In operation, the first and second signals 630 a, 630 b may be applied to the patient after the constant pulses described above with reference to FIG. 4 are applied. Accordingly, the constant pulse pattern shown in FIG. 4 can be used to establish an initial asynchronous neural response, for example, over a time period of several microseconds to several seconds, e.g., several milliseconds. This asynchronous response period can be extended by the first and second signals 630 a, 630 b, without expending the amount of power required to produce a continuous stream of pulses over the same period of time. The power savings can result because the combination of the first and second signals 630 a, 630 b produces a quiescent period Q during which no pulses are applied to the patient. In general, it is expected that the quiescent period Q will be less than or equal to the refractory period RP. As a result, the patient benefit is expected to at least approach the benefit achieved with the constant stream of pulses shown in FIG. 4. For example, in a particular embodiment, it is expected that the patient can achieve the same or nearly the same benefit whether the stimulation is in the form of a continuous stream of pulses at 3 kHz, or two overlaid sets of spaced-apart pulses, each provided at less than 1.5 kHz, with the latter stimulation requiring less power than the former.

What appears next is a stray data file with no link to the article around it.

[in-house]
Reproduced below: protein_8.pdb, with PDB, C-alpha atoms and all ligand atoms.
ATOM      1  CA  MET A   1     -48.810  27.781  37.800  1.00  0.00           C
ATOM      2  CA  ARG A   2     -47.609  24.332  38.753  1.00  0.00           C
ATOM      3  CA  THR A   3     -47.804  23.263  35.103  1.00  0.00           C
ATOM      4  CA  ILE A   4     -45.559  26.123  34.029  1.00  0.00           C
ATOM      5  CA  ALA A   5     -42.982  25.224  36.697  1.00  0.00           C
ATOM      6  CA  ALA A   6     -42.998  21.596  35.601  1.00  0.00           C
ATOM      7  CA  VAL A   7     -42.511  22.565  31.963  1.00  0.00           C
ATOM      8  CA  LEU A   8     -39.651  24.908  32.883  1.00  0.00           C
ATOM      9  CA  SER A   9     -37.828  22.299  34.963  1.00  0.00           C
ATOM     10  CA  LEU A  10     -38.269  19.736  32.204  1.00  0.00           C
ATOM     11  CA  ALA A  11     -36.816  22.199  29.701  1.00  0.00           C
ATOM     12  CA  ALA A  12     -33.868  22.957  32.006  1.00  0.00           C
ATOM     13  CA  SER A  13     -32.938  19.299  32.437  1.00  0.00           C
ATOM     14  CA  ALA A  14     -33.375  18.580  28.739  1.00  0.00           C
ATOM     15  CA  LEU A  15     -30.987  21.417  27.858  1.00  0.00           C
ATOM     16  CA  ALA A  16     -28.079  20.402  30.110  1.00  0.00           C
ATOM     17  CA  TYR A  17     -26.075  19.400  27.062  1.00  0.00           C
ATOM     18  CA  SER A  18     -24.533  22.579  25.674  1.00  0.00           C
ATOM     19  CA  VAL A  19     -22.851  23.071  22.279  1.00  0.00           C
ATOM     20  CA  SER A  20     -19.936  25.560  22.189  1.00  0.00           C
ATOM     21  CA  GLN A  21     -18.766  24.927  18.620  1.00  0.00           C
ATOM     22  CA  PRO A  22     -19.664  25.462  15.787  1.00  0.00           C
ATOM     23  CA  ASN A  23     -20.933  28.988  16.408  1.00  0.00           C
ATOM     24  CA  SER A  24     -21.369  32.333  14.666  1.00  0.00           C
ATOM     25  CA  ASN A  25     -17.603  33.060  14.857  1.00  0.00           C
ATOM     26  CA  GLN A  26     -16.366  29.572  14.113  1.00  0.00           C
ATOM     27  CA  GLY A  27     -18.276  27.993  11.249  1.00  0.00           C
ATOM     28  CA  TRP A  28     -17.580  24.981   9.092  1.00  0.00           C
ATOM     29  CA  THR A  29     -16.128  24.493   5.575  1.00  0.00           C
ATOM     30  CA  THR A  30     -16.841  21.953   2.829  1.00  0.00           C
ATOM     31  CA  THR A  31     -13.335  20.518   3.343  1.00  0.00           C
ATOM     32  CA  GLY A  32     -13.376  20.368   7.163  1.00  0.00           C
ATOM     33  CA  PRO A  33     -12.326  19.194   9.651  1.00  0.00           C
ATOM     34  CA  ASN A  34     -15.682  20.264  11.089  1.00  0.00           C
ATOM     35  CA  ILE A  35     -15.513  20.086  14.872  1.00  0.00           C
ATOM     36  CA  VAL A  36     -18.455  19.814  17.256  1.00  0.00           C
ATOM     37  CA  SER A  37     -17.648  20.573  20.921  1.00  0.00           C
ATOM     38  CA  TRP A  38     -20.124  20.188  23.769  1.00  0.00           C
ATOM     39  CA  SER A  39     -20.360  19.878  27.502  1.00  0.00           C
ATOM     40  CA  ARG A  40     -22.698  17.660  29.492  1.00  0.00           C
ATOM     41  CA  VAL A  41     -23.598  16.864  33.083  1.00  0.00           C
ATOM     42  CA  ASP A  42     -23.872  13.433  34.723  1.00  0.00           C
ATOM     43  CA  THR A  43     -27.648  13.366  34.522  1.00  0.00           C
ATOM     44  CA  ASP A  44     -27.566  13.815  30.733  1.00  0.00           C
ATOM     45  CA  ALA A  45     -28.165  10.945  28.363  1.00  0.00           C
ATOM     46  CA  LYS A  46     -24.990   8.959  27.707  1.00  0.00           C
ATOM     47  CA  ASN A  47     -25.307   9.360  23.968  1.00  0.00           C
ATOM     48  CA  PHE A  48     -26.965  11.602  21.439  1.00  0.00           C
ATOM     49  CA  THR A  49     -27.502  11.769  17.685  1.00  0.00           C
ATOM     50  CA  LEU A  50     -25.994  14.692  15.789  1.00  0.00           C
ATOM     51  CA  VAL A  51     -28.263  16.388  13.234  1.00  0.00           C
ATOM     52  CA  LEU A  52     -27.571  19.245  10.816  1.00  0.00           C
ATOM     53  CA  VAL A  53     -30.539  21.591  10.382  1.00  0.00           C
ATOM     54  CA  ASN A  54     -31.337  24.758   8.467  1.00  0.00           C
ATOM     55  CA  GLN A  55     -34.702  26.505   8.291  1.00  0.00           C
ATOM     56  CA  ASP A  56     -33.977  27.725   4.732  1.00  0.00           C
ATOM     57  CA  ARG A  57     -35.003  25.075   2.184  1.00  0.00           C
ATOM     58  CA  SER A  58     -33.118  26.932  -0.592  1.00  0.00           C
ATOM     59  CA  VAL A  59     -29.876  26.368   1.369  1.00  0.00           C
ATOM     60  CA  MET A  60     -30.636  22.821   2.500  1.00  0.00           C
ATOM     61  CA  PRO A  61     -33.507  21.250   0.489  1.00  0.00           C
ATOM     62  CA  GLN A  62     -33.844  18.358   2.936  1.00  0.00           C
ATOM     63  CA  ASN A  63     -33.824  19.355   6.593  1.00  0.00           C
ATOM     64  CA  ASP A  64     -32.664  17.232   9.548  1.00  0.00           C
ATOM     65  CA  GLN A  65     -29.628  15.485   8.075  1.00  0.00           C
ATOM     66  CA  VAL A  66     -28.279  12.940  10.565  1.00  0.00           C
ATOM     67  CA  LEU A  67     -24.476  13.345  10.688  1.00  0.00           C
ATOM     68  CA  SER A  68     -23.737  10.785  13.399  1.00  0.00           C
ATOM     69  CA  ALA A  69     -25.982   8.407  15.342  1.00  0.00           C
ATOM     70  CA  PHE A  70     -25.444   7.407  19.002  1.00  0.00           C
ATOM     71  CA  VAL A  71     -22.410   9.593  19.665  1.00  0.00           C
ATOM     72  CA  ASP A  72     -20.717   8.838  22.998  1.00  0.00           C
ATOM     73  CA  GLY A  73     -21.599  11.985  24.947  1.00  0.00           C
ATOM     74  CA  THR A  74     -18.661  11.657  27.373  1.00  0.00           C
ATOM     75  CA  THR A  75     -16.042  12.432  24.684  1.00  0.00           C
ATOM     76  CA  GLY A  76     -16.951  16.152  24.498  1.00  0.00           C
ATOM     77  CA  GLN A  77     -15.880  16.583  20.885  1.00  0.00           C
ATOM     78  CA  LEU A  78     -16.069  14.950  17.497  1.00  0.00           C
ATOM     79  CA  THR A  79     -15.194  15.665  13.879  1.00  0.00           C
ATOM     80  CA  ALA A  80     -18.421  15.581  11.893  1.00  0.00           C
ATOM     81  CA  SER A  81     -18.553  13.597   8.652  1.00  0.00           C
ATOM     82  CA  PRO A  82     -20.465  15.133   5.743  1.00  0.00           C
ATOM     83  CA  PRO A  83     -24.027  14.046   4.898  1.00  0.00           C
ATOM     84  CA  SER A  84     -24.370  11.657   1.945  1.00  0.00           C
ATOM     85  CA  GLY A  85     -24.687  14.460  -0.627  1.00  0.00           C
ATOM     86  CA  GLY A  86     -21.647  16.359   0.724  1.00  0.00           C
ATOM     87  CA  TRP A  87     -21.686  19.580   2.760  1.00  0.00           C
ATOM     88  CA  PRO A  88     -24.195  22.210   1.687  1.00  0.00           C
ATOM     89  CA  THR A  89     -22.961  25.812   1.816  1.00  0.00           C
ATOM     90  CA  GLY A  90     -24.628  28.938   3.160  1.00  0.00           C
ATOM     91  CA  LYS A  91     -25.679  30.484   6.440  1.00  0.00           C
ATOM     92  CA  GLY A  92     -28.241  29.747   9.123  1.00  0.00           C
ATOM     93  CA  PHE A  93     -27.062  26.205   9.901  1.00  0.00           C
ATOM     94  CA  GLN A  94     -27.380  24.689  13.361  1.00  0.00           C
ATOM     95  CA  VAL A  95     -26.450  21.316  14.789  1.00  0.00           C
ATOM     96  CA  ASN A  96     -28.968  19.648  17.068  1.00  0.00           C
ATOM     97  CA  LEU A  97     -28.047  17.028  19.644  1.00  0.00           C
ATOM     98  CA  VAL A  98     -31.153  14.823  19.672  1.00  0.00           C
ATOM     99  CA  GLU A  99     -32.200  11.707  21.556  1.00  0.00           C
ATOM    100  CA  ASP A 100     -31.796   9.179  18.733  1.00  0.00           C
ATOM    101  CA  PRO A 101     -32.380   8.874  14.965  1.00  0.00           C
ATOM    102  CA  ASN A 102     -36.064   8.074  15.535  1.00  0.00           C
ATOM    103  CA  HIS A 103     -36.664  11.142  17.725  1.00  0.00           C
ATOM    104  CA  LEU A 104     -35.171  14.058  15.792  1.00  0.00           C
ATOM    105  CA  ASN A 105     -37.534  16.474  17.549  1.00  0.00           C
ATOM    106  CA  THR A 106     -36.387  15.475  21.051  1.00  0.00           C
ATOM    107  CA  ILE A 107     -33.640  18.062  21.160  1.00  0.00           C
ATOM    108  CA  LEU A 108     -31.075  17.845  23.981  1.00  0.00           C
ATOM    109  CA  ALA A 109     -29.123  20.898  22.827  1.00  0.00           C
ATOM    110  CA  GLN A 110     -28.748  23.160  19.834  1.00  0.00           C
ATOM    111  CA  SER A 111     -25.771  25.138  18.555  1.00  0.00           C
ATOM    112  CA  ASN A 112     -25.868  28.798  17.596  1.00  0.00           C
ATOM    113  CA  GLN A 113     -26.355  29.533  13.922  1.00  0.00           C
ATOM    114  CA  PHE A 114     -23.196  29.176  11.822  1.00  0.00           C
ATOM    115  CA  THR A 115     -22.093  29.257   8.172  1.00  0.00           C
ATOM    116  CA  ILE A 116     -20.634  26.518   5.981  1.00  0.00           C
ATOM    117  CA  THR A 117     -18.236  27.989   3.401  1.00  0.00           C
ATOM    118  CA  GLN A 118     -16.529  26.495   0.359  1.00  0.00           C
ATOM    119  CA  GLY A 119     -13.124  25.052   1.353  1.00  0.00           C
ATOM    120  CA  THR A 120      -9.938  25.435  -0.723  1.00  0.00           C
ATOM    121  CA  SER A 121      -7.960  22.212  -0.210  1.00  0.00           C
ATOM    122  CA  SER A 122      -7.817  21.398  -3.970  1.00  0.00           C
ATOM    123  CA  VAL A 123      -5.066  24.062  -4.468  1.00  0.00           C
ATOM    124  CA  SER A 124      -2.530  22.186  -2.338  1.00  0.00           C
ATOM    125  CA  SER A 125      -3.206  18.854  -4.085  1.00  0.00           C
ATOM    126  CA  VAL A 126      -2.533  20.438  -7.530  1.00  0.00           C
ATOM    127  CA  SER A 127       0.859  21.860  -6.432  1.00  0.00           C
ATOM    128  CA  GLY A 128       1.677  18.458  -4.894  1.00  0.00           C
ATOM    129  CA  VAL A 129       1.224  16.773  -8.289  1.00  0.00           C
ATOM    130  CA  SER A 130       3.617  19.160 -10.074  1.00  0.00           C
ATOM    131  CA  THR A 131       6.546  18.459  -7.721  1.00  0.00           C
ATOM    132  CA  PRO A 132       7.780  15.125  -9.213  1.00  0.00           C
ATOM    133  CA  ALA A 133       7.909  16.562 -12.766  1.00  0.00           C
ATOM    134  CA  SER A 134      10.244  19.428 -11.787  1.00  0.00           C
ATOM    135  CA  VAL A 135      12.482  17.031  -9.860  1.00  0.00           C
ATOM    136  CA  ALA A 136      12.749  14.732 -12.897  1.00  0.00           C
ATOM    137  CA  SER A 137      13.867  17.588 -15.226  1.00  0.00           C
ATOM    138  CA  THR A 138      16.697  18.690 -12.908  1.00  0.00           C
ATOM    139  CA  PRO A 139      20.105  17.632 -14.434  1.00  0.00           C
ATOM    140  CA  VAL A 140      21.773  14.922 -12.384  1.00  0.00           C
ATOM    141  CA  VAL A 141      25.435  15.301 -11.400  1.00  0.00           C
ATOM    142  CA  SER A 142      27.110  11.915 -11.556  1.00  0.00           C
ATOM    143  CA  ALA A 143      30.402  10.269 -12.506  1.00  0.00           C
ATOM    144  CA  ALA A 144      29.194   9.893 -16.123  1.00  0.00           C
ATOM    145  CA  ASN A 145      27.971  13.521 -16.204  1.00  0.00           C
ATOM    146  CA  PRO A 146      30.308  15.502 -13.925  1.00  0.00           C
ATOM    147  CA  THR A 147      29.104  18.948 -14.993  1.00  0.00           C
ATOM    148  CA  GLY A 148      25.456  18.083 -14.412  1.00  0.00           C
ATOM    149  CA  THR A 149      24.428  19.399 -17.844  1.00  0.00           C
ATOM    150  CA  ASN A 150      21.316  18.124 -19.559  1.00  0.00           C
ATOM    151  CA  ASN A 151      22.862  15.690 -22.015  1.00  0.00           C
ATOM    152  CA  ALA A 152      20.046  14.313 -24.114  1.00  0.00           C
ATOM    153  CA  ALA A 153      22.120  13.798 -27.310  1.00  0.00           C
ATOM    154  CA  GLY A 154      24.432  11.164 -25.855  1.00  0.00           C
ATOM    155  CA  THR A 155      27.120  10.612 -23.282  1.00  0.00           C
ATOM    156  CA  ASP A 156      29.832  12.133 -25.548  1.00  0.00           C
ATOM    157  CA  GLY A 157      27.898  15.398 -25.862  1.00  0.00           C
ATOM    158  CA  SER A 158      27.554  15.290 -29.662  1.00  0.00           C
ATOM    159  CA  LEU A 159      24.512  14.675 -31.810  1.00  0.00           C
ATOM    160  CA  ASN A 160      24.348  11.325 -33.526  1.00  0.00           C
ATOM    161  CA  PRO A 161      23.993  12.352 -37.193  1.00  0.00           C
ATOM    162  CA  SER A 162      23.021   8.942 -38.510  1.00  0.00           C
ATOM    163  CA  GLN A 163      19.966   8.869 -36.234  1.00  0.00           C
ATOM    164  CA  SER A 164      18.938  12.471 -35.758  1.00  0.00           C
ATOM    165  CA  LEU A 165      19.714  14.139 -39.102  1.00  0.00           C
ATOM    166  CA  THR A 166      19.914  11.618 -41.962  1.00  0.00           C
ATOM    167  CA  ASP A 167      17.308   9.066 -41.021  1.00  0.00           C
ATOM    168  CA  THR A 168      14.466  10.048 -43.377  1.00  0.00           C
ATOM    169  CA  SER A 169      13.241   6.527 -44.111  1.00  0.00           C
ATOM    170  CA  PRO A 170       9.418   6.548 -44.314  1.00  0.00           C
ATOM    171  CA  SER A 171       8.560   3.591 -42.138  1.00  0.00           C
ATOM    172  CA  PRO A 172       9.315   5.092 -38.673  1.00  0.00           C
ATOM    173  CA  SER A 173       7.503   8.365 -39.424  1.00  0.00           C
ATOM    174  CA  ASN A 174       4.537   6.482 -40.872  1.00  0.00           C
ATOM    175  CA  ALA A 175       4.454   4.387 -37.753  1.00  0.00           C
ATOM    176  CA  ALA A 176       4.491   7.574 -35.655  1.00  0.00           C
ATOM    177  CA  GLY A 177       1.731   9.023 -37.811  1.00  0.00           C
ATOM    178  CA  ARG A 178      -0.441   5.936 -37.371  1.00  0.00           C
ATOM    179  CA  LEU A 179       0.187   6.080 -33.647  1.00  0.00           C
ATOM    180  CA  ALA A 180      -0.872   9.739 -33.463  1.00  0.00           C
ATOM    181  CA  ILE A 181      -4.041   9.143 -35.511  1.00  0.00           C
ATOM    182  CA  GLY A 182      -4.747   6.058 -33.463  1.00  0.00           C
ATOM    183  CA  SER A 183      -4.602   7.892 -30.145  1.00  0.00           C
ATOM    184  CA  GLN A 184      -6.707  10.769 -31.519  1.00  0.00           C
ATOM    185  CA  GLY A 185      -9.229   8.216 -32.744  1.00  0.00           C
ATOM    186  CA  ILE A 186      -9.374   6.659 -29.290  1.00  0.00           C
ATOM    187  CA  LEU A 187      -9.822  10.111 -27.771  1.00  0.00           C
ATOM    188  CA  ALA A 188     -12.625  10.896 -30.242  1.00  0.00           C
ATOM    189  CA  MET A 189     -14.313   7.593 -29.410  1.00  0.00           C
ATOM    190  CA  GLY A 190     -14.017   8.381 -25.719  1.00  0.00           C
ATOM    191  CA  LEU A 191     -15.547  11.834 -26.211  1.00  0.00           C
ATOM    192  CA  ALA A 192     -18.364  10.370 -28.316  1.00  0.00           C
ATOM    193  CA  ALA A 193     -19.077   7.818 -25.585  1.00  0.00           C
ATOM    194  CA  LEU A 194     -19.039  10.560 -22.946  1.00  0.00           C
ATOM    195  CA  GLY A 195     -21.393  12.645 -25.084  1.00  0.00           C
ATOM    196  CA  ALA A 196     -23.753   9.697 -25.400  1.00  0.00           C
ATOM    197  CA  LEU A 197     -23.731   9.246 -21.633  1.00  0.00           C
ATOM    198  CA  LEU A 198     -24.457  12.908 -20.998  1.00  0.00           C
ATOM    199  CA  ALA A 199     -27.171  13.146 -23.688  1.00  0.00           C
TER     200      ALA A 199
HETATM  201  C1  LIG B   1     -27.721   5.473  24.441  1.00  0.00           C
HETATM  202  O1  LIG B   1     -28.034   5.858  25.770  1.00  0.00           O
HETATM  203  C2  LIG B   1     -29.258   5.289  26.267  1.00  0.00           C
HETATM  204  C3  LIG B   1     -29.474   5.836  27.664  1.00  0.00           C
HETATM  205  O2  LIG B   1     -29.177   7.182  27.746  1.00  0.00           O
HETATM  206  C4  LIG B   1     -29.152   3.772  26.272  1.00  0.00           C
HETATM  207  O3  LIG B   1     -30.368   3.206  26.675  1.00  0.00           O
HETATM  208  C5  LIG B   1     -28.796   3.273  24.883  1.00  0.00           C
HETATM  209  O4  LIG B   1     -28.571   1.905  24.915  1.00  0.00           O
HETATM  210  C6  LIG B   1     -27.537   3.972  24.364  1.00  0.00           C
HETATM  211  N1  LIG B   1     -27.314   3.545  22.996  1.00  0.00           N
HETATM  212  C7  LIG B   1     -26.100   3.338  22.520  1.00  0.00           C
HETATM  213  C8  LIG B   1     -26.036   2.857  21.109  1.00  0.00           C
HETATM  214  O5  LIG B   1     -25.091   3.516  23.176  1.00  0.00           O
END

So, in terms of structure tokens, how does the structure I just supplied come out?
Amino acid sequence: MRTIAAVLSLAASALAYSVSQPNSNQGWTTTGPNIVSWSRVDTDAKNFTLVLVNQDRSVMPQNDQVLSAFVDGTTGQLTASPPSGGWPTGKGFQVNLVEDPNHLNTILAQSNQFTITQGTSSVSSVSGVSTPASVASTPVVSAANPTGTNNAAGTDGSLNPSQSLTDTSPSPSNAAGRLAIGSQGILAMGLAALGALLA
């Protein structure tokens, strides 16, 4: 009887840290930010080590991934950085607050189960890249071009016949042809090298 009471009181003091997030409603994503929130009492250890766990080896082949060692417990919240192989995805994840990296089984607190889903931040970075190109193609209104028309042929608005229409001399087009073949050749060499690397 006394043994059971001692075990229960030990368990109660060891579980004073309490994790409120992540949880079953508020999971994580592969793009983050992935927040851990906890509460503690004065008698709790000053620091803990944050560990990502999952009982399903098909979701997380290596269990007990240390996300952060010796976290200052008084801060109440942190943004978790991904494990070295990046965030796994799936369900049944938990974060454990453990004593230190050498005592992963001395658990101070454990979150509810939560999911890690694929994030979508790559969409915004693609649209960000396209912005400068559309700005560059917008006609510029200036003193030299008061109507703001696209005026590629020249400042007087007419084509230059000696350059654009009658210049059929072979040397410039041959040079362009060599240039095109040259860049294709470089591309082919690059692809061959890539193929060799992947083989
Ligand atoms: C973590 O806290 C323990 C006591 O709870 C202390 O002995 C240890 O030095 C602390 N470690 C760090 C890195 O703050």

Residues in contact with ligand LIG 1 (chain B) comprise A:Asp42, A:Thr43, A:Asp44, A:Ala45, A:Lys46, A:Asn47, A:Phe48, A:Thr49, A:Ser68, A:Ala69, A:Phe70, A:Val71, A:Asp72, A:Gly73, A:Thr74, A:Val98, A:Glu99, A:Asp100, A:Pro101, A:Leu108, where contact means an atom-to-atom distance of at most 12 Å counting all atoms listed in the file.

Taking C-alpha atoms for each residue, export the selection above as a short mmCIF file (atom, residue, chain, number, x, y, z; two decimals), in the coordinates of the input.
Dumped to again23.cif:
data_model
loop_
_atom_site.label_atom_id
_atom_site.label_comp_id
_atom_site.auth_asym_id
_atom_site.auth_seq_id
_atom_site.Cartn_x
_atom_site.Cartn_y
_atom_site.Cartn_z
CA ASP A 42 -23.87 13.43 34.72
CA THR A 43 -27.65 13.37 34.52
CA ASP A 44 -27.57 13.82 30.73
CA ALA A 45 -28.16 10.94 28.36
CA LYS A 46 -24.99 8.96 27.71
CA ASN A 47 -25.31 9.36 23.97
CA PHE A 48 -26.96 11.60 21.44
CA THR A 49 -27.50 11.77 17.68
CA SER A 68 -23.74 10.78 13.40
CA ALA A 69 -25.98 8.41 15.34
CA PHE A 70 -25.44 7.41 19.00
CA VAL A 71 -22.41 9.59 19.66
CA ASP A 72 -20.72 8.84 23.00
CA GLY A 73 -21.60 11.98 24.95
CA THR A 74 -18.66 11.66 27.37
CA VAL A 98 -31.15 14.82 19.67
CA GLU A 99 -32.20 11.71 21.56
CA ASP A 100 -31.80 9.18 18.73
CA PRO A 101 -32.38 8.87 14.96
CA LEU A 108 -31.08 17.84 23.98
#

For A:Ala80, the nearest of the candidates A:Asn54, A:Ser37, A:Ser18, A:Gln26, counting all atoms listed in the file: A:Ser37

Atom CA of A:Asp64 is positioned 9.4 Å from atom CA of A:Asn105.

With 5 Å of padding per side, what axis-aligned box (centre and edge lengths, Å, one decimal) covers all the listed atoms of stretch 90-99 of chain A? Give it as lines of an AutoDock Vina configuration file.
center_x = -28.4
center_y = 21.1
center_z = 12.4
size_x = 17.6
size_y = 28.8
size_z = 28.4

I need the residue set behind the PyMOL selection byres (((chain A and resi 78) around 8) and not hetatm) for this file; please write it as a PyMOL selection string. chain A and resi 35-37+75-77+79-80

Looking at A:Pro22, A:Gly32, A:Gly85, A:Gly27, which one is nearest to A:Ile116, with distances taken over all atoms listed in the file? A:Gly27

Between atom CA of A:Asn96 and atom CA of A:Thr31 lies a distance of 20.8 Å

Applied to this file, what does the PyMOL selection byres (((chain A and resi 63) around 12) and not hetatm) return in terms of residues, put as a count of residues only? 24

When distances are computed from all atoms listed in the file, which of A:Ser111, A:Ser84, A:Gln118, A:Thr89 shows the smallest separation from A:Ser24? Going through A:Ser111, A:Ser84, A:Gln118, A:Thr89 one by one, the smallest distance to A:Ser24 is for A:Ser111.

In at least some embodiments, the amplitude of the second signal 630 b may be greater than that of the first signal 630 a. It is expected that the increased amplitude of the second signal 630 b may be more effective at activating neurons that are in a relative refractory state rather than an absolute refractory state, thus reducing the number of neurons available to fire during the quiescent period Q. In general, it is expected that using two signals to achieve the foregoing pulse-to-pulse amplitude variation is more readily achievable with two overlaid signals than with a single signal, at least for particular stimulation parameters (e.g., at high frequencies). Paired signals with different amplitudes can also more readily activate smaller Aβ fibers. In general, the signals are preferentially directed to Aβ fibers over C fibers. In general, the signals are also preferentially directed so as to avoid triggering a muscle response. In addition to, or in lieu of, the increased amplitude, the second signal 630 b can have pulses with a second pulse width PW2 greater than the first pulse width PW1. The particular values of the signal amplitude, pulse width and/or other parameters can be selected based at least in part on patient feedback. In any of these embodiments, this arrangement can further extend the asynchronous neural response established by the initial constant pulse pattern described above.